Time passes fast when you’re a dog.  This is because dogs live in the moment and moments are never slow. I want to help make this world a better place for dogs while I still have the time. I have work to do.

In the meantime, if you want to know your dog’s age in human years, just try the dog age calculator.   Calculating dog years is interesting and fun. The years of a dog are definitely not the same as the years of a peep. Woof!

Signed in Meaty Dog Bones,

~ Louis the Blogging Dog

 

 

I Love Liver!

I Love Liver!

It’s no surprise that I love liver. After all, I’m a dog.

Every once in awhile and not often enough to suit me, Mimi brings home  a package of chicken livers from the grocery store. She says that liver is good for both Hazuzu and me and she likes to feed us well.
She bought some a few days ago and decided to cook it yesterday. Her cooking method is easy; I’ve watched her many times. There is something about the smell of liver simmering on the stove that thrills me no end.

liver
Love your dog with liver!

This is how Mimi cooked yesterday’s chicken liver:

Ingredients

1. Package of liver (either chicken or beef);
2. Oil to cook the liver in. This could be something like safflower oil, although Mimi used olive oil.

Directions

1. Warm a frying pan;
2. Pour on some olive oil;
3. Cut the chicken liver into small pieces;

4. Fry the livers until there is no pink color;
5. Let the liver cool;
6. Feed any dogs and/or cats that happen to be around;
7. Save leftovers in a container with a lid. Refrigerate for up to 5 days.

Mimi makes enough for the kitty and me to have about 1/2 bowl every day for a few days.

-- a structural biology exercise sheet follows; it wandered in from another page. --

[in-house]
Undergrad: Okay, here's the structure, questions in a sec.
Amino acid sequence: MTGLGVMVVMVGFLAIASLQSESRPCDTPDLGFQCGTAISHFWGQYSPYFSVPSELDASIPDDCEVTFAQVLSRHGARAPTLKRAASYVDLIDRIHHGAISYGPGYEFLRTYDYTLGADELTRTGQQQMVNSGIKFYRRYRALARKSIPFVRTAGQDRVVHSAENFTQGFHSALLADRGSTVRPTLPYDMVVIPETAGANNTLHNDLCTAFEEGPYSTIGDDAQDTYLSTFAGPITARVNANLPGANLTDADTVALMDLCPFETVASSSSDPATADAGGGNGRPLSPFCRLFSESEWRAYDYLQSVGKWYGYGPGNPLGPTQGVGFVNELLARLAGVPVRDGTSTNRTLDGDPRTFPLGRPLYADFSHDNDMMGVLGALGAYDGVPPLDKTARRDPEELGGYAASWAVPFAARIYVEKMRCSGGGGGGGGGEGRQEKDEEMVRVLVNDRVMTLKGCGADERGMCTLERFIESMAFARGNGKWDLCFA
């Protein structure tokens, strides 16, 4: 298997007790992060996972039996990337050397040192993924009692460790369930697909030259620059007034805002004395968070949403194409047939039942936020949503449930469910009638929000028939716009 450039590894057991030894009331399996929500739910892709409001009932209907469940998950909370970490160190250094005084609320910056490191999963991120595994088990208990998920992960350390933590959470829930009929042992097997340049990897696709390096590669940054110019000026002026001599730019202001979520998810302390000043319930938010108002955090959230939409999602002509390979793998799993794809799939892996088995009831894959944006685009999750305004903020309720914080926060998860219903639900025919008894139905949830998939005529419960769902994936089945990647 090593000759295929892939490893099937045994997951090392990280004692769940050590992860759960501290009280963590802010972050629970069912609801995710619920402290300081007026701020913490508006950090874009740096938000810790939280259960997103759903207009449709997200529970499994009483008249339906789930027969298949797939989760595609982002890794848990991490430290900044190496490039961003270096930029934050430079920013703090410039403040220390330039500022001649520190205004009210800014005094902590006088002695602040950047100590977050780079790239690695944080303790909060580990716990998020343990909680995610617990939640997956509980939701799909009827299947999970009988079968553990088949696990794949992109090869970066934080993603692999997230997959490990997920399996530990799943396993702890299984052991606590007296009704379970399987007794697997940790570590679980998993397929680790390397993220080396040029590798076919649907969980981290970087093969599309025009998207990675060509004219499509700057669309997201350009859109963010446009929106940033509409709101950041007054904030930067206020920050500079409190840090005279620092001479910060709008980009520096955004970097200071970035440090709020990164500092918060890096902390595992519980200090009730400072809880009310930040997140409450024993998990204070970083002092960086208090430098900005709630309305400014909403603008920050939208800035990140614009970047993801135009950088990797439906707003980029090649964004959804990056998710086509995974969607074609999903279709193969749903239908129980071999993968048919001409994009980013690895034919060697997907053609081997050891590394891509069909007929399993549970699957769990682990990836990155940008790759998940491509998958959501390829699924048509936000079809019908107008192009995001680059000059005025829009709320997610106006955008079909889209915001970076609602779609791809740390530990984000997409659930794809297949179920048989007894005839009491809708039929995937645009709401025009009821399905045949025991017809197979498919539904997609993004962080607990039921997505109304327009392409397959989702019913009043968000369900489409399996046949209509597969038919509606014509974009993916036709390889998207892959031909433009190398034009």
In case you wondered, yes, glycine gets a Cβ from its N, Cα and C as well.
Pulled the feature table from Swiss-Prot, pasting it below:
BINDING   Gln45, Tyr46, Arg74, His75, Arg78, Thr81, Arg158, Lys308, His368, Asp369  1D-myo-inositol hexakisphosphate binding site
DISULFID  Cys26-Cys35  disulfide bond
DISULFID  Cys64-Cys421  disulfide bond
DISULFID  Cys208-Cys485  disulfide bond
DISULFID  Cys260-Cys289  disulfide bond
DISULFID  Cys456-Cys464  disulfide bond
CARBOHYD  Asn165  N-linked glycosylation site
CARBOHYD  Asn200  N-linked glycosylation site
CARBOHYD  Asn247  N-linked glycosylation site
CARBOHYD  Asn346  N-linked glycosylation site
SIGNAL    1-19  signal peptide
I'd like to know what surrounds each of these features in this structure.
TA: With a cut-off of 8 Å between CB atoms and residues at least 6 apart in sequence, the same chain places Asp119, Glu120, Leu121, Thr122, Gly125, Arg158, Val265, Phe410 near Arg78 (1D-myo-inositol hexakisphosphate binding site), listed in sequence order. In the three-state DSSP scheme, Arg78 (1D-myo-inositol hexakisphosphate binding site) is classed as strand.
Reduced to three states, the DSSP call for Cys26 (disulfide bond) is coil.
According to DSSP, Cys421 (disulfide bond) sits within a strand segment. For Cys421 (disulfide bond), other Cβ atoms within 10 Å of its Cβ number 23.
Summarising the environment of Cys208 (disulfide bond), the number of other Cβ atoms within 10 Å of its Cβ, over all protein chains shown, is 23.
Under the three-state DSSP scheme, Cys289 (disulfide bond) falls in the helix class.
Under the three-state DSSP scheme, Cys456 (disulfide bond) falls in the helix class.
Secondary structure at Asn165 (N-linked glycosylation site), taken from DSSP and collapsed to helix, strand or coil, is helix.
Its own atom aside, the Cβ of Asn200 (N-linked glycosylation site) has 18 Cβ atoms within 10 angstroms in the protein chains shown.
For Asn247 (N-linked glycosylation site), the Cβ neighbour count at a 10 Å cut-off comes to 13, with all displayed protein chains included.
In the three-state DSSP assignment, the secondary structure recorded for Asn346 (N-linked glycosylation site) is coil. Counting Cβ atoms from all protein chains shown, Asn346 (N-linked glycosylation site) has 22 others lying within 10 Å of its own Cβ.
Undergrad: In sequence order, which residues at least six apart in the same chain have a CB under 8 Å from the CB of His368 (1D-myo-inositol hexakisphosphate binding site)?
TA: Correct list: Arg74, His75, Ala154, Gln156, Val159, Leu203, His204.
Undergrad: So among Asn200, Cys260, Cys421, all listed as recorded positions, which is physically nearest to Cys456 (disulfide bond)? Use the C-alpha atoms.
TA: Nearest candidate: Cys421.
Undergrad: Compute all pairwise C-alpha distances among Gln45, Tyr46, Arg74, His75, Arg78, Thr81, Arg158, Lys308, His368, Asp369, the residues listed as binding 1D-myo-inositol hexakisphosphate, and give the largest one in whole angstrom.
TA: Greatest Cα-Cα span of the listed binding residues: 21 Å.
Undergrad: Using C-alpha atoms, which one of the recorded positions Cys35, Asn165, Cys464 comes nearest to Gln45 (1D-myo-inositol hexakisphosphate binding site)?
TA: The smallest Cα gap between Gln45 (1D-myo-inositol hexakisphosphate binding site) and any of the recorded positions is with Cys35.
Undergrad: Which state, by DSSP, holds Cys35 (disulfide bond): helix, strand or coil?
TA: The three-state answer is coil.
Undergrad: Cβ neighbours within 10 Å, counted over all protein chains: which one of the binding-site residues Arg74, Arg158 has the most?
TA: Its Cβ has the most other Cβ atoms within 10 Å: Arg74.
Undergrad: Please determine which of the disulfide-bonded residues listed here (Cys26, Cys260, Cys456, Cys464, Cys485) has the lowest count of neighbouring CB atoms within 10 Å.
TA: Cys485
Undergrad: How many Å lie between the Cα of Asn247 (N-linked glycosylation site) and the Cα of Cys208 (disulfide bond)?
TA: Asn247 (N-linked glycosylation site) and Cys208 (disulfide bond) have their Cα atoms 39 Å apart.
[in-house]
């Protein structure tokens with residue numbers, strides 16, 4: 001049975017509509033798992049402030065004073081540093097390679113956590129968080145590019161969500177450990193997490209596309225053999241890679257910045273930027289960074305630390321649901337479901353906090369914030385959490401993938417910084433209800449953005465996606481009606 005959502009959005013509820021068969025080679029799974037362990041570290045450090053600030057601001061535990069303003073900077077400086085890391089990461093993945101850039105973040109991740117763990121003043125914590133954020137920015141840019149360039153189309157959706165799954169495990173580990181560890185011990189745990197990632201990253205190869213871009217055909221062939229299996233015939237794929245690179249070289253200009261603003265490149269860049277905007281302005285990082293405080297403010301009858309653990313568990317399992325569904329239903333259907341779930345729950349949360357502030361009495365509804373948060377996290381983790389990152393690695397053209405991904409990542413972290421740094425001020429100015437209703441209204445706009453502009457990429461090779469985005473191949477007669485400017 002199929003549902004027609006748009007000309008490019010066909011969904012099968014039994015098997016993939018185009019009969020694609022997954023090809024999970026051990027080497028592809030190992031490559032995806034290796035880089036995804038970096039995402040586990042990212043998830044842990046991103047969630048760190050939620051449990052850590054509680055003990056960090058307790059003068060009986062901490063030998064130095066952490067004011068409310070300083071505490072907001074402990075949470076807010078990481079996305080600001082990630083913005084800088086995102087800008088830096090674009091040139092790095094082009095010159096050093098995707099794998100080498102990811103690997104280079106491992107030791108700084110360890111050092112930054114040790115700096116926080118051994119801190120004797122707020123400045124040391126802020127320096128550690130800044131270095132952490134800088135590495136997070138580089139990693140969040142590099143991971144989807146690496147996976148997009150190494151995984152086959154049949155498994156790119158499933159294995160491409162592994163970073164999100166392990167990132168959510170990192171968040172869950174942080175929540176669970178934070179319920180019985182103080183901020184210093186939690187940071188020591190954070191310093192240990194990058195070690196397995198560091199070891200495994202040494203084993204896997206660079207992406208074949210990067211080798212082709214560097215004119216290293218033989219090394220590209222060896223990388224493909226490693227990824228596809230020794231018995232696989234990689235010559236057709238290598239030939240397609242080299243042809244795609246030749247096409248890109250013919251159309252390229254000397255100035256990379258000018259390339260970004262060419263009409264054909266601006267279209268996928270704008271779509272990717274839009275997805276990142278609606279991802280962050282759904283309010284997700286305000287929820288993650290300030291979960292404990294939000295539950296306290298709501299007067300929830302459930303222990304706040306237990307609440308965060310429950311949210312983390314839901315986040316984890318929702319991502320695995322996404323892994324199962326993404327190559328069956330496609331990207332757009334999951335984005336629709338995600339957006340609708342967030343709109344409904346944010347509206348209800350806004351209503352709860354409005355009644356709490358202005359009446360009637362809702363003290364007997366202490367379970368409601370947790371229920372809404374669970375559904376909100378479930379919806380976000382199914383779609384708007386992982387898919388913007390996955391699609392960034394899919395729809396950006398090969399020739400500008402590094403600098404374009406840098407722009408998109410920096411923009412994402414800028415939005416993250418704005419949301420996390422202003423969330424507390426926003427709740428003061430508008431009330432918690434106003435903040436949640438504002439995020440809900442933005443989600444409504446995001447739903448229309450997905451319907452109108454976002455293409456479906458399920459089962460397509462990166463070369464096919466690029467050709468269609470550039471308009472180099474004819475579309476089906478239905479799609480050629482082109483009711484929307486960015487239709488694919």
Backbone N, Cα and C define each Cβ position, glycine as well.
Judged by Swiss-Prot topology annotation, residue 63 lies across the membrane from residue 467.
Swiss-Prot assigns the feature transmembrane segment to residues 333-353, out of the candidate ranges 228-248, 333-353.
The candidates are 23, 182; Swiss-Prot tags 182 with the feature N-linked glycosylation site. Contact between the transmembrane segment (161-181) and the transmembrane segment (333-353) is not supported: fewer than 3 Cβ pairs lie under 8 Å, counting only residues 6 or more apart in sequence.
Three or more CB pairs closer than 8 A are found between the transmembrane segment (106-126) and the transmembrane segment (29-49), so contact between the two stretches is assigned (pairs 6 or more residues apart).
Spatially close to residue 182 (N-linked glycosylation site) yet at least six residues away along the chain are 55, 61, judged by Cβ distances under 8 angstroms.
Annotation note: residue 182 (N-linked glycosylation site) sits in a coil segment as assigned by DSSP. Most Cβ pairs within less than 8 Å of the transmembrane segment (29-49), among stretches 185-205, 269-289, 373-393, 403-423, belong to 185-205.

Five Things Dogs Hate!

Like people, dogs hate a lot of things. However, there are a few things that all dogs hate a whole lot. It’s universal, so if you have a dog in your family please keep these five things dogs hate in mind.

Five Things Dogs Hate!

1 Being Left in a Hot Car

hot cars sign

This really scares me.  Pleeeze  don’t ever take us on car rides if you will be leaving us in a car when the weather is hot.  Don’t get me wrong – we love car rides as much as tummy rubs,  but we can’t breathe and can quickly become dehydrated and die if left in a hot car.  It’s horrible.

2. Rubbing our Noses in Poo

Some peeps do this to dogs. They rub our noses in our excrement if we have an “accident”.  They don’t realize that a dog’s sense of smell is 100 times stronger than a human’s.

The humans who do this actually think  they are training us to be better dogs but it’s just not true.  Mimi says that people did this a lot when she was a kid but in these days most know better, just like they know not to beat their children.  However, I know for a fact that some people still do it.

I just want all people to know that rubbing our noses in our poo doesn’t teach us anything other than to be afraid of our humans. If we have an “accident” it’s not our fault. Maybe you haven’t trained us properly  or we are sick. Another possibility is that you need to take us out earlier or more often.    Just don’t blame the dog!

3. Being Tied Up all the Time

What can I say? People who do this don’t understand dogs.  Dogs need to be part of a group and it is a crime against our nature to isolate us and chain us up so we can’t move around and explore.

4. Yelling at us

Dogs don’t like being yelled at just like people don’t want to be barked at.  We respond best to people who are assertive and who speak in a calm voice.  Speaking for myself, yelling seems aggressive and I just won’t listen. Most dogs will agree.

5.   People we Don’t know  who Come up to us too Fast

This is especially upsetting when the person who rushes toward us also is making  eye contact. Dogs hate this because it makes us feel threatened. You see, the most aggressive dogs in the dog world rush toward other dogs while making eye contact. When a peep acts like that we become defensive, just as if it was a mean dog.  Sometimes we will bark or snap at someone who approaches us this way. A few of us will even bite.  To avoid bad experiences,  approach dogs you don’t know slowly, without looking them in the eye.

There are definitely more than five things dogs hate, but I wanted to mention these ones because they bother me so much. I hope that none of my readers do any of these things. You probably don’t. However, if you ever see someone abusing a dog in any of these ways, please enlighten them. If they want to know how you think you know so much, tell them you heard it from a dog.

When peeps can all be kinder to animals this world will be a better place.

Louis Blog 028